4. Simplicity. The same sports psychologist that evaluated me in 2012 also gave me a valuable piece of advice for improving my performance. He told me that I should only think about doing 3 things particularly well. Many times in competition we try to be consciously aware of too many techniques and tasks while simultaneously dealing with the challenge. Preparation puts a lot of things in our subconscious so our actions become a “non-thinking” reaction, but we still worry and think about a lot we don’t have to. Three seems to be the limit of what you can consciously think about and still optimally perform. Pick the 3 most important things to focus on and let your subconscious do the rest. This has a calming effect by giving you a sense of control. Not feeling in control is one driving forces of nervousness.

5. Gratitude. You can dig up the various statistics on your sport and see that most people do not get the chance to compete. Even at a high school level, a surprisingly small percentage of the population ever competes in organized, sanctioned athletic contests. The percentage of people that compete at the collegiate or professional level gets even smaller. For any number of reasons, most people will never know what it’s like to be an athlete. This means that you are in a unique and fortunate position. Even if you are the worst player on the team, you’re still on the team! That’s a lot more than most people can say. Being appreciative of this fact is a great buffer against not only the nervousness before a contest, but it also guards against the mood swings that follow—win or lose.

6. Humility. Humility, like gratitude, is not so much a technique as it is a way of life. It’s not something you turn on when it’s all on the line and then when it’s over you’re back to arrogance. By making humility a lifestyle, you never let victory go to your head. This is important because it levels out your emotional responses. The highs and lows affect you less. This makes it easier for you do everything else listed in this article because you aren’t looking to the victory for validation. With victory being less of a burden, you can focus on the process, think less, and enjoy yourself more.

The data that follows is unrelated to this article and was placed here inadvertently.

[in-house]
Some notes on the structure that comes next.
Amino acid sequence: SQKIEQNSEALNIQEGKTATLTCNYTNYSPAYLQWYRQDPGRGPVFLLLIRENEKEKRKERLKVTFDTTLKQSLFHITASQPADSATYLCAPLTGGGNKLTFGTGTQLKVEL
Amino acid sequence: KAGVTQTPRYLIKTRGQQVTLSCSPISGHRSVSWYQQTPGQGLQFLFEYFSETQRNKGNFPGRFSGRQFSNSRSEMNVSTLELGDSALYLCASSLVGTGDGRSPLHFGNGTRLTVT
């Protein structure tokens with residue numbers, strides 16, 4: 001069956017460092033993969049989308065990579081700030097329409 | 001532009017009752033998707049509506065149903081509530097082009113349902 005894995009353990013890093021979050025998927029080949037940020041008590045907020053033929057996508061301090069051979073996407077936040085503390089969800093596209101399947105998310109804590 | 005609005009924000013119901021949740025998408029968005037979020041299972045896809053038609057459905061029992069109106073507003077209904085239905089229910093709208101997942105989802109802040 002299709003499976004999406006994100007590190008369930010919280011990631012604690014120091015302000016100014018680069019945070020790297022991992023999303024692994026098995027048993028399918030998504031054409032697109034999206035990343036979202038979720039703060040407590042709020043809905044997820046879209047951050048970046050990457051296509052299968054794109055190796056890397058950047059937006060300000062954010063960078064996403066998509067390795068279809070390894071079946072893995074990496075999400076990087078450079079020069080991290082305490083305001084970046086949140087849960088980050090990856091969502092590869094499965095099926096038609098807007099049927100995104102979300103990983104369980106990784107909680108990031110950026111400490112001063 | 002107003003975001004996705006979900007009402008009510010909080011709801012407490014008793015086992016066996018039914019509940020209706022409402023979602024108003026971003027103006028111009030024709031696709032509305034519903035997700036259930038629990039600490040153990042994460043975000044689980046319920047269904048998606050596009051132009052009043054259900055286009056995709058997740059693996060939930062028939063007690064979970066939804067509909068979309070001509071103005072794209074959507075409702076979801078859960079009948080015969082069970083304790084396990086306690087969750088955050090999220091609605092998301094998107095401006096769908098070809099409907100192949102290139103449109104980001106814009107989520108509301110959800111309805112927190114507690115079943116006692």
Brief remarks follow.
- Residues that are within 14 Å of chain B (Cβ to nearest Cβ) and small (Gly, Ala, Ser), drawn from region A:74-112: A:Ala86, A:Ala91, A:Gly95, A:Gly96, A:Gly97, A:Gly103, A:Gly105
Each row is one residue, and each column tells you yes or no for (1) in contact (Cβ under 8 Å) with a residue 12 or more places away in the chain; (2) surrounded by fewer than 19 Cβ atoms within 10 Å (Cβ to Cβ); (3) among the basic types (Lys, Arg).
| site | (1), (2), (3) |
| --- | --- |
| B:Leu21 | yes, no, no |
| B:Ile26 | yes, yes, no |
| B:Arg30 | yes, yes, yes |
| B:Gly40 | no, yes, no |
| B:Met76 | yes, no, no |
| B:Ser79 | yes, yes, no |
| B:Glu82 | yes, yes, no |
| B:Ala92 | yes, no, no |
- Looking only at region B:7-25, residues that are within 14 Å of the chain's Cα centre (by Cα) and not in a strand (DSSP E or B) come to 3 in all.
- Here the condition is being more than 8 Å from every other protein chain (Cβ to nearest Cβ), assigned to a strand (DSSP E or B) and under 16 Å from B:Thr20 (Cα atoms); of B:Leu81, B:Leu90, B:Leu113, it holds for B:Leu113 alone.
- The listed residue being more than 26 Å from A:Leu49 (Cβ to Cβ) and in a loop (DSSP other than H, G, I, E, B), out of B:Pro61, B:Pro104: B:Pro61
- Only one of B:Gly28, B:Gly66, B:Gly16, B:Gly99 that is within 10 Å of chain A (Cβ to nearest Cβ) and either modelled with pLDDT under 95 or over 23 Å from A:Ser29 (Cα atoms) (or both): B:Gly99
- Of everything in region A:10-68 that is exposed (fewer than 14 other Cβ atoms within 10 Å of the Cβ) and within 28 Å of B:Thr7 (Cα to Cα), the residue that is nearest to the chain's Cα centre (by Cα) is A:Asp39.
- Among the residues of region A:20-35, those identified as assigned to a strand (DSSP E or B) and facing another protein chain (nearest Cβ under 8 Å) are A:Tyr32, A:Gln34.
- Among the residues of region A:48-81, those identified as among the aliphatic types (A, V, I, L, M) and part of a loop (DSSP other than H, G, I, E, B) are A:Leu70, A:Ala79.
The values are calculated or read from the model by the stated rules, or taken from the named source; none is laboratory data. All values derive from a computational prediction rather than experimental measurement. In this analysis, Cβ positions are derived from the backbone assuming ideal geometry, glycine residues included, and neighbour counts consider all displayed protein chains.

7. Have fun. If you don’t enjoy the sport you will only find joy in winning. This is unhealthy because there are many things that are beyond your control that can result in a loss. The glory can be taken away, your body can get injured, you can get benched, or even get cut and yes these are miserable events, but the one thing that helps is to have a reason for competing that no one can touch. I box because I love how it forces me to master my body, mind and emotions. No one can take away from the feeling of accomplishment I get when I gain control over my body and execute a new movement. This is my source of enjoyment in my sport. It’s important that you find a reason to have fun that is beyond anyone’s ability to remove. You can’t feel nervous if you are having fun.

Hopefully these 7 tools will help you manage your nervousness to keep competing at a high level. If they work for you in the ring, they can work for you anywhere!